General health guidance advises people to be active, by taking part in moderate exercise such as riding a bike, running, or swimming, for at least 30 minutes, five times a week. But many people struggle to exercise for this amount of time, and have jobs and lifestyles that involve long, unavoidable periods of sitting.
Recent studies have suggested that spending long periods every day sitting down is linked to an increased risk of health problems, such as obesity and diabetes.
Researchers wanted to test a theory that these negative health effects can be avoided if people are active for short periods - say, an hour a day.
They divided 18 healthy young adults into three groups, each of which followed an exercise programme for four separate days. One group sat down for 14 hours a day. A second group sat down for 13 hours a day and exercised by cycling vigorously for one hour.
The third group exercised for six hours a day - four hours of walking at a leisurely pace and two hours of standing - and sat down for eight hours a day. Everyone had a blood test on the morning of each day, so researchers could test the participants’ blood sugar, cholesterol levels, and blood lipids, to look for signs of improved health.
People in the group who exercised vigorously for one hour a day didn’t show any improvement in the level of lipids or insulin in their blood, or how sensitive they were to the effects of insulin. Low insulin sensitivity can lead to a variety of health problems and can be an early sign of diabetes.
There was some evidence that the group who exercised for longer, but at lower intensity, had healthier levels of insulin and blood lipids.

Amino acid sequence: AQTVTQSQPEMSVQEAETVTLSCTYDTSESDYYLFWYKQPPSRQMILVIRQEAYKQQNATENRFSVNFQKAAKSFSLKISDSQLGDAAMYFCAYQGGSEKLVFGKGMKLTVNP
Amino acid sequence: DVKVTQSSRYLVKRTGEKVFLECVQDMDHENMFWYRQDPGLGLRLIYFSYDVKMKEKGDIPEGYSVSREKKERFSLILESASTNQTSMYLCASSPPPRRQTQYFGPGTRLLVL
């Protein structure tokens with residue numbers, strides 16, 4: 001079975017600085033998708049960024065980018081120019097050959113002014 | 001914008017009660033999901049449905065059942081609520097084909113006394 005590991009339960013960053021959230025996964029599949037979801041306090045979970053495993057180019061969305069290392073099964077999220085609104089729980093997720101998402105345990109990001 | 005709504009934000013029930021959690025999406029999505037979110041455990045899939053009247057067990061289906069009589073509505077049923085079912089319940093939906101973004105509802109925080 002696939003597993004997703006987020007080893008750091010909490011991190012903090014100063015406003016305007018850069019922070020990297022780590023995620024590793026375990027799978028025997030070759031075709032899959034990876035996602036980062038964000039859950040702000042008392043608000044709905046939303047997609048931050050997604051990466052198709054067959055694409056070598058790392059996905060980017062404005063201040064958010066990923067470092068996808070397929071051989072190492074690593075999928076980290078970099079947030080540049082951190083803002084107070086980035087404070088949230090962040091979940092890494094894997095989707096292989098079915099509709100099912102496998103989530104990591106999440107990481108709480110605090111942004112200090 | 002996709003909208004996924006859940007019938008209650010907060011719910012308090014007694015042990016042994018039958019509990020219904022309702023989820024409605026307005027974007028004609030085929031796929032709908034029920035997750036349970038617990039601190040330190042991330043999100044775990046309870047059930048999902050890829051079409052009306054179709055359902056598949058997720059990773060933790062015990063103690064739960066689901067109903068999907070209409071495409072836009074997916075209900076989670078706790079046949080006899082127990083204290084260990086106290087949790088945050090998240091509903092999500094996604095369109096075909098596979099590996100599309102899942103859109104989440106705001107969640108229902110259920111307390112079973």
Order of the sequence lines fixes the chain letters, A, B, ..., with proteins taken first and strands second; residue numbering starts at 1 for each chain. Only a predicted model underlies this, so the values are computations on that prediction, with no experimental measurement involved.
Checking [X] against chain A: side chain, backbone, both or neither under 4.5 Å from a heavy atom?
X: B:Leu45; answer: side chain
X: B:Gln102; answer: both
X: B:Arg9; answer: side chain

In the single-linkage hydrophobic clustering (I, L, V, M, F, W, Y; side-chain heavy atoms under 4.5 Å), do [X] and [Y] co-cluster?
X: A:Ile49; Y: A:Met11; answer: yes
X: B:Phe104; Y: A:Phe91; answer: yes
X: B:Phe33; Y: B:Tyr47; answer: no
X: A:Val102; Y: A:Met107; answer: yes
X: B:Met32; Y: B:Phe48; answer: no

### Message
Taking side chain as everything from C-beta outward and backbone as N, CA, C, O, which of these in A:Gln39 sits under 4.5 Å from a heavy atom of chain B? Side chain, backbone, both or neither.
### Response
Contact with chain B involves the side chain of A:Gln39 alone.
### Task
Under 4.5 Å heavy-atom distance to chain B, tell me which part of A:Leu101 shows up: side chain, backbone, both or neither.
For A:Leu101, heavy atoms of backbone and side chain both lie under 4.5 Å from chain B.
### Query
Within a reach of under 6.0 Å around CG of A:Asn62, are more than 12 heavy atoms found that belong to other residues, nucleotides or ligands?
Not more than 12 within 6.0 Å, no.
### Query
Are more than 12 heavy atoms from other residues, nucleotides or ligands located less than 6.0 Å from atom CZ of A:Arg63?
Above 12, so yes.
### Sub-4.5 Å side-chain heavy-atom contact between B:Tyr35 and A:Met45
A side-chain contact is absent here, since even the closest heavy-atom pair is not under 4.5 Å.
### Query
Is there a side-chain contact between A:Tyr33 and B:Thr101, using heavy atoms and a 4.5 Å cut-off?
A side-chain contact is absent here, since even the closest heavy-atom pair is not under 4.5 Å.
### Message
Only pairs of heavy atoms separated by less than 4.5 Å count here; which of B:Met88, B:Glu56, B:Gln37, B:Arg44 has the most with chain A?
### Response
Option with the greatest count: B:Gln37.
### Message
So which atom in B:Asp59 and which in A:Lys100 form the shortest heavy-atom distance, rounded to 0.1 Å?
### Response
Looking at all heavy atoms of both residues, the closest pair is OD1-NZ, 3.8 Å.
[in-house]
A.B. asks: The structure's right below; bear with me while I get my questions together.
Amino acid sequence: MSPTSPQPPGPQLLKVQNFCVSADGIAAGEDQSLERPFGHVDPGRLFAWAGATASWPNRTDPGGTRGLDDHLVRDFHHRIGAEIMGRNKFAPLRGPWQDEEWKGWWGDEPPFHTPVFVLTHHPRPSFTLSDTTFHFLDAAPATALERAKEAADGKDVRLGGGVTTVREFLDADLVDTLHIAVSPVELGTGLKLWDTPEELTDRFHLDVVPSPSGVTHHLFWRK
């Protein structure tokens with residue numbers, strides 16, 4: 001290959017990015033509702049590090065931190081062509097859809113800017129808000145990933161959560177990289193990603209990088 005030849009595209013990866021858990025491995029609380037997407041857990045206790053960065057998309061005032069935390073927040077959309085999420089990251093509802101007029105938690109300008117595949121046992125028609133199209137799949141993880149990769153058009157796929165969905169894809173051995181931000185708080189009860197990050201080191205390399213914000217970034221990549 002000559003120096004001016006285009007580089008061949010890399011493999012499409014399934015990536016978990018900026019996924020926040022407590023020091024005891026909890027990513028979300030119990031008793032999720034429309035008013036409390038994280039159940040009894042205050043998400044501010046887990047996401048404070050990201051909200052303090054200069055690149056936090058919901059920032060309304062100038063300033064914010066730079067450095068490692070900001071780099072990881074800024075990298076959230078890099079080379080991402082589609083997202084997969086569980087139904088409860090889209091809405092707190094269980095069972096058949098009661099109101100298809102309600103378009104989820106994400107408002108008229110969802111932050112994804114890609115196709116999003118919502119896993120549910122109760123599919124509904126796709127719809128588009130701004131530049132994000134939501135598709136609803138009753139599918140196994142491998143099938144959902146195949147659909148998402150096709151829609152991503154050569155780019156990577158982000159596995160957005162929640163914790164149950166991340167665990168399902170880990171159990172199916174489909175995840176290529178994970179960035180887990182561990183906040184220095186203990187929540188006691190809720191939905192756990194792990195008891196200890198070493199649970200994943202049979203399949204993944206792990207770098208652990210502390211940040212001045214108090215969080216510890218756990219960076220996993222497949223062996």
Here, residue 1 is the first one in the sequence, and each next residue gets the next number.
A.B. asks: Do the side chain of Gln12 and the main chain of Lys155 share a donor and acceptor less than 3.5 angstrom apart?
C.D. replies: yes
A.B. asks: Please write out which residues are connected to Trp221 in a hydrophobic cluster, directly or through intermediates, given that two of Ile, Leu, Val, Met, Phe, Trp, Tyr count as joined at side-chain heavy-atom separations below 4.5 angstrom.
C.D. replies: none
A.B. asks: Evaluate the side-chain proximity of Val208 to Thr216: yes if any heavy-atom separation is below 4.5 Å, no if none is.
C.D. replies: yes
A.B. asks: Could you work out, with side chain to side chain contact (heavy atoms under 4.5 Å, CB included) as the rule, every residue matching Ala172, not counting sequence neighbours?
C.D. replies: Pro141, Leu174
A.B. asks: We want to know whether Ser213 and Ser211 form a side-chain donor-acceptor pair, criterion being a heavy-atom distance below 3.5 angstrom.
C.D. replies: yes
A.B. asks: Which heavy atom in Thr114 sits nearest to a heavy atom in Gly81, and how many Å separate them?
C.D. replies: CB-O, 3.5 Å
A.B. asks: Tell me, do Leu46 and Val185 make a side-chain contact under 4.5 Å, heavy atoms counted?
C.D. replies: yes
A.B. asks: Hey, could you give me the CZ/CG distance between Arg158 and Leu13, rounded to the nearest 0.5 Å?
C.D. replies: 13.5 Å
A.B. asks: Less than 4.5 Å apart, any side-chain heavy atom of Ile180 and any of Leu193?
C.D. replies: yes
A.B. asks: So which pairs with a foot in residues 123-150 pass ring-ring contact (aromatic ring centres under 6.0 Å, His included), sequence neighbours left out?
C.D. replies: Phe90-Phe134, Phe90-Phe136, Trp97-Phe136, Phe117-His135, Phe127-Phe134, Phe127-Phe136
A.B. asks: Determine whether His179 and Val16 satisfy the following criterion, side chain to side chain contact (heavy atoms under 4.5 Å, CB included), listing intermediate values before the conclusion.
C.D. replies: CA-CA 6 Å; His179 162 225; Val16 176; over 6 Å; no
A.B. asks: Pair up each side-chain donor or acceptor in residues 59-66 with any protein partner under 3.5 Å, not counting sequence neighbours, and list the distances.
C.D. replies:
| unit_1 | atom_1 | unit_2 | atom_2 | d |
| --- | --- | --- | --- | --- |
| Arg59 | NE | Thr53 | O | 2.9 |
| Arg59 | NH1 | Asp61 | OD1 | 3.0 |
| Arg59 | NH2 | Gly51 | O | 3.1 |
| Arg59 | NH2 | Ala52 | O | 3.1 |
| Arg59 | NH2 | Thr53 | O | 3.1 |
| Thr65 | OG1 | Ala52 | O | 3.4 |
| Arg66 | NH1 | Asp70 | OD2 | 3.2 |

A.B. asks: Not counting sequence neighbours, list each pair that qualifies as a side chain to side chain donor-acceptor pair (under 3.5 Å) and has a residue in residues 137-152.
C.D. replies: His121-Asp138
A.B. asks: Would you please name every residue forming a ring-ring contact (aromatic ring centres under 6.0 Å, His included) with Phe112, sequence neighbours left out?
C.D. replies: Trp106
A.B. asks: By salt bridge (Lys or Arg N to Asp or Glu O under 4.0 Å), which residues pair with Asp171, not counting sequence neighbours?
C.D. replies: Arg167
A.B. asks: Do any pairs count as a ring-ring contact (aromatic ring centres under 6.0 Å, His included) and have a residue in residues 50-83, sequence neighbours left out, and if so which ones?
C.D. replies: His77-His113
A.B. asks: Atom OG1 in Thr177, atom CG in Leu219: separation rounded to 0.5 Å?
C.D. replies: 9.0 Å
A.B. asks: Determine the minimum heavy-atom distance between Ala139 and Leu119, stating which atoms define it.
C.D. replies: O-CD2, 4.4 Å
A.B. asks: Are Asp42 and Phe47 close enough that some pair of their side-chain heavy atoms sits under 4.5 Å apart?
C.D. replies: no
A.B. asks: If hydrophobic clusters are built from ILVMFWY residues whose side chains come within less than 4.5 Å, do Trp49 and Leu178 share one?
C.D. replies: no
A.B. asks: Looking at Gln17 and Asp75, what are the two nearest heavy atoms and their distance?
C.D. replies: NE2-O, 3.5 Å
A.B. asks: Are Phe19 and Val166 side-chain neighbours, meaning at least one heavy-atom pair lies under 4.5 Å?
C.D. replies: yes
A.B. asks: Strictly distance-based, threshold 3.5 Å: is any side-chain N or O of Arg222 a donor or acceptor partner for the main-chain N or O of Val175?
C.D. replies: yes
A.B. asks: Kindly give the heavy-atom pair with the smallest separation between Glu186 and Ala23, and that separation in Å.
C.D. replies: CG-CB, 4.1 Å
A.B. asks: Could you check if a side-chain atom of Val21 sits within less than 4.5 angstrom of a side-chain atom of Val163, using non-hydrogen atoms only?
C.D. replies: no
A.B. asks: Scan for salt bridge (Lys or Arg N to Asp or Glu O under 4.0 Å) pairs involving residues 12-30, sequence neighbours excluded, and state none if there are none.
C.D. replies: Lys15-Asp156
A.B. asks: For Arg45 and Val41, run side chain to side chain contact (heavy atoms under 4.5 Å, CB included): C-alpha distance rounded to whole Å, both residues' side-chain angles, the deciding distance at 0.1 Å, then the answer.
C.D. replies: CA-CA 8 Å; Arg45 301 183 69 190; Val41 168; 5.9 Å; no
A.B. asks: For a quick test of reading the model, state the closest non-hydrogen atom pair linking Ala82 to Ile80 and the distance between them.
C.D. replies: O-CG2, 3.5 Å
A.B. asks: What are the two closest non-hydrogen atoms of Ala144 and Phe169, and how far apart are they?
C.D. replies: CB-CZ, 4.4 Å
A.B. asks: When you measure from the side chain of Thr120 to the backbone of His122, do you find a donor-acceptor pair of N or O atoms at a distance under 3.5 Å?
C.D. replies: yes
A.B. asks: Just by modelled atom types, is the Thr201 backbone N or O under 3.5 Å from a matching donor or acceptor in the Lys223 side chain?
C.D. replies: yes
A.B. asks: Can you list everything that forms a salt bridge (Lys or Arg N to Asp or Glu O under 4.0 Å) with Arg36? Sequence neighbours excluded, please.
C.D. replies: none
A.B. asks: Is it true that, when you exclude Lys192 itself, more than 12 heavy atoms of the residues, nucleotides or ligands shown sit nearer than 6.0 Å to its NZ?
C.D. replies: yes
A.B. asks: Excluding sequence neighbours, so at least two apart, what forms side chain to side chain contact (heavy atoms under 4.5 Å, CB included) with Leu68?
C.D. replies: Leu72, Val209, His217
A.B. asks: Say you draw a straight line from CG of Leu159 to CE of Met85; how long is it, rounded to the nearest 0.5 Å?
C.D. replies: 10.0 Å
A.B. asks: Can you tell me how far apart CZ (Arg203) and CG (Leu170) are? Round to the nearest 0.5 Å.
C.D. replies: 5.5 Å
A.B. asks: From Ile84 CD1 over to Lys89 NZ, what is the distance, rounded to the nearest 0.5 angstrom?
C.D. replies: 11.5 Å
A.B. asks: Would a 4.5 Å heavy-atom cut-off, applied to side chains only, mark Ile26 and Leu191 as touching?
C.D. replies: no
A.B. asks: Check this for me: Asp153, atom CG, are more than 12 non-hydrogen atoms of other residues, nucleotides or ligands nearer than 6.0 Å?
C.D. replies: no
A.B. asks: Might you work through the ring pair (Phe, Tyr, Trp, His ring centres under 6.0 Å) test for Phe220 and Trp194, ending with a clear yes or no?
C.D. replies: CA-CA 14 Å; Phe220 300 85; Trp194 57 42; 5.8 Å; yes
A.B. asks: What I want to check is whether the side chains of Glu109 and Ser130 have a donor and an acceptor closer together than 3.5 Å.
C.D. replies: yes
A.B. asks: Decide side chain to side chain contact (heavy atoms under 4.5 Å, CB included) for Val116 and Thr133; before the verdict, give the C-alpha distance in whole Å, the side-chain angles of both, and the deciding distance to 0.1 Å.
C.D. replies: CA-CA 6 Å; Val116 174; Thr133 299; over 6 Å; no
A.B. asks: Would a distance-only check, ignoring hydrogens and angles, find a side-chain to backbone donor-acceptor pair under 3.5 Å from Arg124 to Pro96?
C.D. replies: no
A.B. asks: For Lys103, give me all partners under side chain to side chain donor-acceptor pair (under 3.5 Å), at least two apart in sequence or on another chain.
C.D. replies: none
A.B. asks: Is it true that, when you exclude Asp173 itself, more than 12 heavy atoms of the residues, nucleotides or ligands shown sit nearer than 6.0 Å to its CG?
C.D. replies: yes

How reliable is the research?
This study only looked at 18 people and results from such small studies can be affected by random chance. The signs of ill health the researchers tested for - levels of lipids and hormones in the blood - don’t necessarily reflect people’s actual health. The exercise programmes followed by the people in the study aren’t really representative of how people exercise in their daily lives, and we can’t be sure that there weren’t other things that influenced how ‘healthy’ people were on the days that they took part.
What does this mean for me?
This study shows that it’s better to be active as much as possible, as often as possible, to try and maintain good health. It suggests that - if you are very inactive most of the time - there aren’t any easy shortcuts to exercise.
Duvivier BMFM, Schaper NC, Bremers MA, et al. Minimal intensity physical activity (standing and walking) of longer duration improves insulin action and plasma lipids more than shorter periods of moderate to vigorous exercise (cycling) in sedentary subjects when energy expenditure is comparable. PLoS ONE. Published online 13 February 2013.
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